To this day the goat continues to be the symbol of bock beer, to be seen on many a current label. For the most part these contemporary animals are relatively docile creatures. For that reason, I much prefer the “old goats” of pre-Prohibition days.
Friday, March 11, 2011
Last year in March my blog was entitled “No Irish Need Apply.” Written as an antidote to the sentimentalism that often attends St. Patrick’s Day, that article featured images of Irish immigrants looking like monkeys, planting explosives, fighting with police, and in general posing a threat to American society.
In this blog I attempt to show the progression that sentiments about the Irish underwent from the late-19th to the early-20th Century. A reminder of the bestial and dangerous Irishman is an 1880s trade card advertising the New Home Sewing Machine Co. It shows a simian-like man pouring a glass of whiskey while tending a range of explosive materials and devices.
The Free Home Co., creator of the card, was founded in 1882 and boasted a New York City address. Acquired by another manufacturer in 1927, products were sold under the Free Home name until 1957. My assumption is that prejudice against Irish was so strong at the time that this image was believed to sell sewing machines.
An early St. Patrick’s Day card echoes the notion of the Irishman as a ruffian and a drunk. Note the bottle sticking from his coat pocket. Although the dynamite and bombs are missing from the portrait this is still a dangerous individual. That it is tied to a St. Patrick’s greeting makes it all the more offensive. Just bit more refined, is a “Dear Oirish” postcard of the same era. Both the monkey look and the whiskey jug are evident.
Pond’s Extract was a patent medicine that claimed to cure everything from influenza and hemorrhages to chilblains and hemorrhoids. With an address at 76 Fifth Avenue in New York, the company issued a trade card in 1892 purporting to show an Irishman “bound for Donnybrook Fair” -- an event in Ireland known for being rough and rowdy. Although his looks have improved, this Paddy still wields a club and carries a flask of booze. He is said to be “fully equipped.”
A second postcard from that same year has more complex message. On once side is an American Indian; on the other a elderly man with a pipe. The legend reads: “The Indian with his pipe of peace will soon pass away; But the Irishman with his piece of pipe will last for many a day.” I have seen other cards with the same rhyme. The message seems to be that neither ethnic group was desirable, but the Irish were now the larger problem.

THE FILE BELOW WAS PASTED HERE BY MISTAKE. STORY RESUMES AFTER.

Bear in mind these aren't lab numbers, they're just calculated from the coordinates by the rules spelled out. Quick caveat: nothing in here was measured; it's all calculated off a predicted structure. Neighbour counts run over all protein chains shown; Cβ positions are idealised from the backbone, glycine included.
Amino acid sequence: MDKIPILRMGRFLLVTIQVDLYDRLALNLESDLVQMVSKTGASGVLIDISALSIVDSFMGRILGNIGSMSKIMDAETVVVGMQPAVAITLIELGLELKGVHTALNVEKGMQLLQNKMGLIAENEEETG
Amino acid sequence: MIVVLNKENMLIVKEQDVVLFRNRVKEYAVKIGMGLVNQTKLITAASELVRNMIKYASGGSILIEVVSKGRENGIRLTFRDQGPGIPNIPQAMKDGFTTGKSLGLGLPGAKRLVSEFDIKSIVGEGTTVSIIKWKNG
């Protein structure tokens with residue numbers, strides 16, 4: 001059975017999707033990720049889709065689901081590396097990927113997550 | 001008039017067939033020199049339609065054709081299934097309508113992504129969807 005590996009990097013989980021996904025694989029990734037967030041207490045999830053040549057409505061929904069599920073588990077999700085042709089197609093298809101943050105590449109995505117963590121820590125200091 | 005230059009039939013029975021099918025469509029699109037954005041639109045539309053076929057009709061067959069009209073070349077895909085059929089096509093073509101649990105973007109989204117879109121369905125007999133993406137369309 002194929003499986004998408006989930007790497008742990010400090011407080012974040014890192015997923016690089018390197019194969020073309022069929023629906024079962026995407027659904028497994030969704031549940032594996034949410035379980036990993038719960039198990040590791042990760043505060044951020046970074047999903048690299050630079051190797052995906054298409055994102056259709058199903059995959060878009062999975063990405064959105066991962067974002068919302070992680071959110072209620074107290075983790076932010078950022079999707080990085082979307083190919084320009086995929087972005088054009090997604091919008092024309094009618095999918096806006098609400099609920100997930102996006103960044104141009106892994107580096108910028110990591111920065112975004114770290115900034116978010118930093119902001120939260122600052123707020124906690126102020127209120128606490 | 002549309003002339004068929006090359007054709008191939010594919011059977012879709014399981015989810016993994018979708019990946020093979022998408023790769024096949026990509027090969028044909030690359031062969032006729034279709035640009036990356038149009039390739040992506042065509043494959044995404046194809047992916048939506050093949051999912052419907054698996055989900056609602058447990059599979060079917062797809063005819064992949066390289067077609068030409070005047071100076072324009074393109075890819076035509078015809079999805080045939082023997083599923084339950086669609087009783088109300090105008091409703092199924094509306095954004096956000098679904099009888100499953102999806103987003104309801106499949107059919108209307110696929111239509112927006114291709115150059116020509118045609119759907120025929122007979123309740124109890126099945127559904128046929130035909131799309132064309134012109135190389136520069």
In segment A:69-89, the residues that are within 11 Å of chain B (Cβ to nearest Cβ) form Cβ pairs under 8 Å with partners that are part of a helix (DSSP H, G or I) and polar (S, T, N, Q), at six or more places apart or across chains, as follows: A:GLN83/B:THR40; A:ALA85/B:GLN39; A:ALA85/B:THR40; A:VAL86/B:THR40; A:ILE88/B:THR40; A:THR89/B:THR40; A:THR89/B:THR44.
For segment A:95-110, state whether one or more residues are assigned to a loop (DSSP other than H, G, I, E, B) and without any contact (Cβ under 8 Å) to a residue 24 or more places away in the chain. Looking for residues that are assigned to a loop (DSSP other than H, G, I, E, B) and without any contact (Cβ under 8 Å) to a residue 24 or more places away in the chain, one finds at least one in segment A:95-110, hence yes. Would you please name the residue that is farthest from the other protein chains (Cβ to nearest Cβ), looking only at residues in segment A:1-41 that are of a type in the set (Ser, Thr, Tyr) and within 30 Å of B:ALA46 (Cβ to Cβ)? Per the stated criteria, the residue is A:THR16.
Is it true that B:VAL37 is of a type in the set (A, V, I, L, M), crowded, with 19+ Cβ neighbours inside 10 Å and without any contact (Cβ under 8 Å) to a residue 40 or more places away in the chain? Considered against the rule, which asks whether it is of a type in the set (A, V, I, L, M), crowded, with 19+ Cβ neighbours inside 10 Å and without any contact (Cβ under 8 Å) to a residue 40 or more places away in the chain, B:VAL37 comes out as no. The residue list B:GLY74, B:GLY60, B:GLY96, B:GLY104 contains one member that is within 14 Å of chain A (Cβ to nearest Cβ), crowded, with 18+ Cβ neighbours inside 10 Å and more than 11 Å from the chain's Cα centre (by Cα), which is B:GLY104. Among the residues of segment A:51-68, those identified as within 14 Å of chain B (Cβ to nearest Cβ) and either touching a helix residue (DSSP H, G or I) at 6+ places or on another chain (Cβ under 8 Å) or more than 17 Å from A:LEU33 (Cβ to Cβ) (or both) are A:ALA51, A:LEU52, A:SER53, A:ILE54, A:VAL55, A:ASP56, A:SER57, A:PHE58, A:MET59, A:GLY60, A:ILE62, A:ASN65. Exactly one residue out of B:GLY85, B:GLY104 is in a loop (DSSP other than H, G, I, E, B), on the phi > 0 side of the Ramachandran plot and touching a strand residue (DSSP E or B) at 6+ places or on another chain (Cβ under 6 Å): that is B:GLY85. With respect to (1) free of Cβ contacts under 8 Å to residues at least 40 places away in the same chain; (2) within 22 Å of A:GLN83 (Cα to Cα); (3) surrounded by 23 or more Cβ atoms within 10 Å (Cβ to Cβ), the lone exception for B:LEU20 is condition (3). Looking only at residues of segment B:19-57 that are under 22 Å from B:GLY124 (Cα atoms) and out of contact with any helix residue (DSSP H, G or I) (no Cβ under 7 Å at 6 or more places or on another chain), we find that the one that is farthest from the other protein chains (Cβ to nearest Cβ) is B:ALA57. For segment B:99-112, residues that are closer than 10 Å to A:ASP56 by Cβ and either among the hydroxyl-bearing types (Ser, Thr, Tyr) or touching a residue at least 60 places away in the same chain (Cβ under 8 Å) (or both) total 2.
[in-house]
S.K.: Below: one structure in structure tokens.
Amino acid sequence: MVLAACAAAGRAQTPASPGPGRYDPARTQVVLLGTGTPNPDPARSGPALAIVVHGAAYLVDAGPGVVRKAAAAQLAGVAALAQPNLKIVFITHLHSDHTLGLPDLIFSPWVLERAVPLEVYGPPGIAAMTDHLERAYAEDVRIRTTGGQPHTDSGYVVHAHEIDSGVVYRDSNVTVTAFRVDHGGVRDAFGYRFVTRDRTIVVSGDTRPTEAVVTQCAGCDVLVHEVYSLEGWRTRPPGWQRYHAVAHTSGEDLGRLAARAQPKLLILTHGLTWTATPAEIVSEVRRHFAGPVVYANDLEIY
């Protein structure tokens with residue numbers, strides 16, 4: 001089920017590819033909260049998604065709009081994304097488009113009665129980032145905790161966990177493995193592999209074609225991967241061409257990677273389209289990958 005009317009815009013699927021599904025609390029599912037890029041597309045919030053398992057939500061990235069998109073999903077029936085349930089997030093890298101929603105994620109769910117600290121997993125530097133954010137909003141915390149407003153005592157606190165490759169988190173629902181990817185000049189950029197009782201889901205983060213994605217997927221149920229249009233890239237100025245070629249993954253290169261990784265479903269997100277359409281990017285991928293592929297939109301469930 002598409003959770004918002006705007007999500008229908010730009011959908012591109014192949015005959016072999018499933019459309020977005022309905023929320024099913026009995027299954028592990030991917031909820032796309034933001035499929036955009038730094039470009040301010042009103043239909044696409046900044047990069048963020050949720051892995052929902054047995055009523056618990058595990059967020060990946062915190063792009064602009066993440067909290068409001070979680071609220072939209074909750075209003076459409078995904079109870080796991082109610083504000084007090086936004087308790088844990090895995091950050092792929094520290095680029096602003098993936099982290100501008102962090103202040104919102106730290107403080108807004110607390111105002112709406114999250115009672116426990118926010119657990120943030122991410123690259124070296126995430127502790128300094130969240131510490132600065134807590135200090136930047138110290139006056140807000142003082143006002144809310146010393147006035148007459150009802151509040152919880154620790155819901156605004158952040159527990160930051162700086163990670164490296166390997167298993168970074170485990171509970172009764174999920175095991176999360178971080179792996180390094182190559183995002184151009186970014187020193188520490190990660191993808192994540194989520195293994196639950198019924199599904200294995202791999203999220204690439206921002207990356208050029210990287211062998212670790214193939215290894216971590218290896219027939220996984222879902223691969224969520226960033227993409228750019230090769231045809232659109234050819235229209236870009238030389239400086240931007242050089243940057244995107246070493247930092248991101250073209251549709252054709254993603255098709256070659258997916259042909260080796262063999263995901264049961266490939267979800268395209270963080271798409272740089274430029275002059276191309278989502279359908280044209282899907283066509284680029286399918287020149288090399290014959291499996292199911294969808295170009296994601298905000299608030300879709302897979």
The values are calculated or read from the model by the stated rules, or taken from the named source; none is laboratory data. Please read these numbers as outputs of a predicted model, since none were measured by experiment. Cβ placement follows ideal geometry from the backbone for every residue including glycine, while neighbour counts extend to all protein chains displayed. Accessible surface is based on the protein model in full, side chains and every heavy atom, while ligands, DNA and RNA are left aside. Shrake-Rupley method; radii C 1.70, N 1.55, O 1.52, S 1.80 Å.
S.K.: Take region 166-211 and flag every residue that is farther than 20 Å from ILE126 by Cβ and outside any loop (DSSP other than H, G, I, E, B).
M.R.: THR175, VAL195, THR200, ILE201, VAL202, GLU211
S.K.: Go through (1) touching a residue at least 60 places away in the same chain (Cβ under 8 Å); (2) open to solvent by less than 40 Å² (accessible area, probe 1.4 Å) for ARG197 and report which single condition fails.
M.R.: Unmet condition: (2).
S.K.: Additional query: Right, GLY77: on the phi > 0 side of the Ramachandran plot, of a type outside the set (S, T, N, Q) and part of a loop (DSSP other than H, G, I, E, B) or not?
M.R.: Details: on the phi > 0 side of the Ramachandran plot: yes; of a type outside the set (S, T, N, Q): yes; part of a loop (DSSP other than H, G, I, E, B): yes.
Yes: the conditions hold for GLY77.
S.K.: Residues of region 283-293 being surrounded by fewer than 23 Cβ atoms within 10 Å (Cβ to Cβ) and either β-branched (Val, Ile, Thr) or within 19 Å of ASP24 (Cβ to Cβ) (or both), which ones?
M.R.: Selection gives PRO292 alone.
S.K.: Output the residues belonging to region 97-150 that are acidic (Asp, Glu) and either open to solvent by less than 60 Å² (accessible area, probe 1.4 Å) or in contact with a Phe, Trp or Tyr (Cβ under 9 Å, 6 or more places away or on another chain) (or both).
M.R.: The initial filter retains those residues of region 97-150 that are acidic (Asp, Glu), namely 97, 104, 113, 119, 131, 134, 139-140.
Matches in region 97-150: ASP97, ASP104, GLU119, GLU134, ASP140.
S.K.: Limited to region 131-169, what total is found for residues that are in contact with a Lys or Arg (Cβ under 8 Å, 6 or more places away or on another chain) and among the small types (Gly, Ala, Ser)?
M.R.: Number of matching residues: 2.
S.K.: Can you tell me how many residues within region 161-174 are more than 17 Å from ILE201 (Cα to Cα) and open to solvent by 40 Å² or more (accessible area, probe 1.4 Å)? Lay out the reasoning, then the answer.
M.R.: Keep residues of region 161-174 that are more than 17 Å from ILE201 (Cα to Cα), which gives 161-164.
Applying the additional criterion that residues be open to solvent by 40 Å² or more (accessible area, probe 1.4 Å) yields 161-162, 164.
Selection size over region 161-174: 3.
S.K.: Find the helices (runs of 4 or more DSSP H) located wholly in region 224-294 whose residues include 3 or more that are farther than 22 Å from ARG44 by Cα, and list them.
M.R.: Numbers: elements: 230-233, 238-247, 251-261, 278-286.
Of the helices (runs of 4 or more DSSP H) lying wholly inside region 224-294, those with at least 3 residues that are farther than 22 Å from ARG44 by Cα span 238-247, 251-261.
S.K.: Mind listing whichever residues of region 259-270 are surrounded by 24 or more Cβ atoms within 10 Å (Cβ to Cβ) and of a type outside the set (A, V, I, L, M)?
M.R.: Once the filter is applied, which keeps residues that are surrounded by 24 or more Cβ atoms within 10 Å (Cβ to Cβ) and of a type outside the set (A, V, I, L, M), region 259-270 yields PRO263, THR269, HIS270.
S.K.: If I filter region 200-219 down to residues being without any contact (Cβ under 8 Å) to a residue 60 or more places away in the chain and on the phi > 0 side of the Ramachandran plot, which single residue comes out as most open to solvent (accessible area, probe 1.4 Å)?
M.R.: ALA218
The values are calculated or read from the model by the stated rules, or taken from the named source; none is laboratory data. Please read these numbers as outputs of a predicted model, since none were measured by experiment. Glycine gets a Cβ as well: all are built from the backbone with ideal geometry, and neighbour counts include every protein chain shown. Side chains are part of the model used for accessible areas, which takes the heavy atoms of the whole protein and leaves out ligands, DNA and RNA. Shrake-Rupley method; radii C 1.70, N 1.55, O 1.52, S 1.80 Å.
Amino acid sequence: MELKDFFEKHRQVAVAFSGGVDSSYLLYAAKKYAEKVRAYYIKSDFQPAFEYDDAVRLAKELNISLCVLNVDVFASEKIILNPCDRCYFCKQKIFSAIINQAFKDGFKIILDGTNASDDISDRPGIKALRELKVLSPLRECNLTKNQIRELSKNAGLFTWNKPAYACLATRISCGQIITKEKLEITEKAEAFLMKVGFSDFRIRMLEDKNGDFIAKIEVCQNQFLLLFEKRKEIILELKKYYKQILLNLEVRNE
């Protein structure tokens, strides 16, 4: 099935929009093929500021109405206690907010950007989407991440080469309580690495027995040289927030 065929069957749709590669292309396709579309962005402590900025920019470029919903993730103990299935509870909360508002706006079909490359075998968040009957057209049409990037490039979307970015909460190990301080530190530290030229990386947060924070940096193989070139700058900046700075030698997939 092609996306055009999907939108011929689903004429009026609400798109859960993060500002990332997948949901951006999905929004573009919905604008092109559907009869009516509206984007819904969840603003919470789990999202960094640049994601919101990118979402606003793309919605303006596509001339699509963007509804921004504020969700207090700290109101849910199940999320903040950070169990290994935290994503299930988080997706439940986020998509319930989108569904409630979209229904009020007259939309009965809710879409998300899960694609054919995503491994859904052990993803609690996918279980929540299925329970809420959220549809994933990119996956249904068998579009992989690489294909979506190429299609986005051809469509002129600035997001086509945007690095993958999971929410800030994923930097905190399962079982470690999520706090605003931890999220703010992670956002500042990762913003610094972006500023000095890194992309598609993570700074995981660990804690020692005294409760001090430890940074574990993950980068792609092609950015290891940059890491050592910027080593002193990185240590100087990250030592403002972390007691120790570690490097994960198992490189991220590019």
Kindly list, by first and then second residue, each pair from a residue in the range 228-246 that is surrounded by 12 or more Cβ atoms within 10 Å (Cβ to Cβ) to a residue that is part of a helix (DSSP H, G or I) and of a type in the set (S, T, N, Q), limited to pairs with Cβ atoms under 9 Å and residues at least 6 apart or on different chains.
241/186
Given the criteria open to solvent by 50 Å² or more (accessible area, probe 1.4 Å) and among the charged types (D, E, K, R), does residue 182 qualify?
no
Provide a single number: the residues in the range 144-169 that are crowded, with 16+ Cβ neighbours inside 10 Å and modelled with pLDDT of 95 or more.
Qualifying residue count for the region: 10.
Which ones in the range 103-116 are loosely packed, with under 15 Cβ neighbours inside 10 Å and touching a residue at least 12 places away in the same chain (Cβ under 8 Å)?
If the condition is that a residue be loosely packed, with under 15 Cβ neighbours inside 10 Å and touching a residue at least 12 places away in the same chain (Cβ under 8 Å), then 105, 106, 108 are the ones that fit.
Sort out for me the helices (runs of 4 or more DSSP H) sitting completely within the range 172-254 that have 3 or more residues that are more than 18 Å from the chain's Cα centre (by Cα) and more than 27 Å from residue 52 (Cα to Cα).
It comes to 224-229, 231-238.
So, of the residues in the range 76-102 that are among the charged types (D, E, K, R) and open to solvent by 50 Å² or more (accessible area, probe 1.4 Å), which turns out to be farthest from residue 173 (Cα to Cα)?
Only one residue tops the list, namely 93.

Even so, the image of the Irishman was changing. A 1907 St. Patrick’s card shows a well-dressed, polite son of Ireland, tipping his hat and calling out, “Top of the mornin’ to you.” This was the work of Ellen Hattie Clapsaddle (1865-1934), an American illustrator/commercial artist in the late 19th and early 20th centuries. One of the most talented and prolific postcard and souvenir illustrators of her time, her cards set a tone for an upscale depiction of the Irish.
Within a few years postcards were depicting Irish in an angelic mode. Gone are the club and the whiskey, although the clay pipe remains in the picture. A 1914 card shows an Irishman on angelic wings who is being carried up to the Pearly Gates. The legend tells us “An Irishman dies every time they are short an Angel in heaven.”
The final card, vintage the 1930s, shows the Irishman as arms-around firm friend of Uncle Sam. Their flags fly together amidst the shamrocks. Drink is back but in a decorous fashion. The two raise a glass to the bond between the two countries and peoples -- a far cry from the image produced by the New Home Sewing Machine Co.
The progression from the monkey-faced, drunken and destructive Irishman took several generations to reach the well-clad, genial one of more recent times. The scary immigrant of old morphed to a staunch American fully in the embrace of our national symbol.
What was responsible for the change? I believe the sheer numbers of Irish-Americans and their relatively rapid rise economically in the United States. In America a few bucks in the pocket can result in an ocean of respect.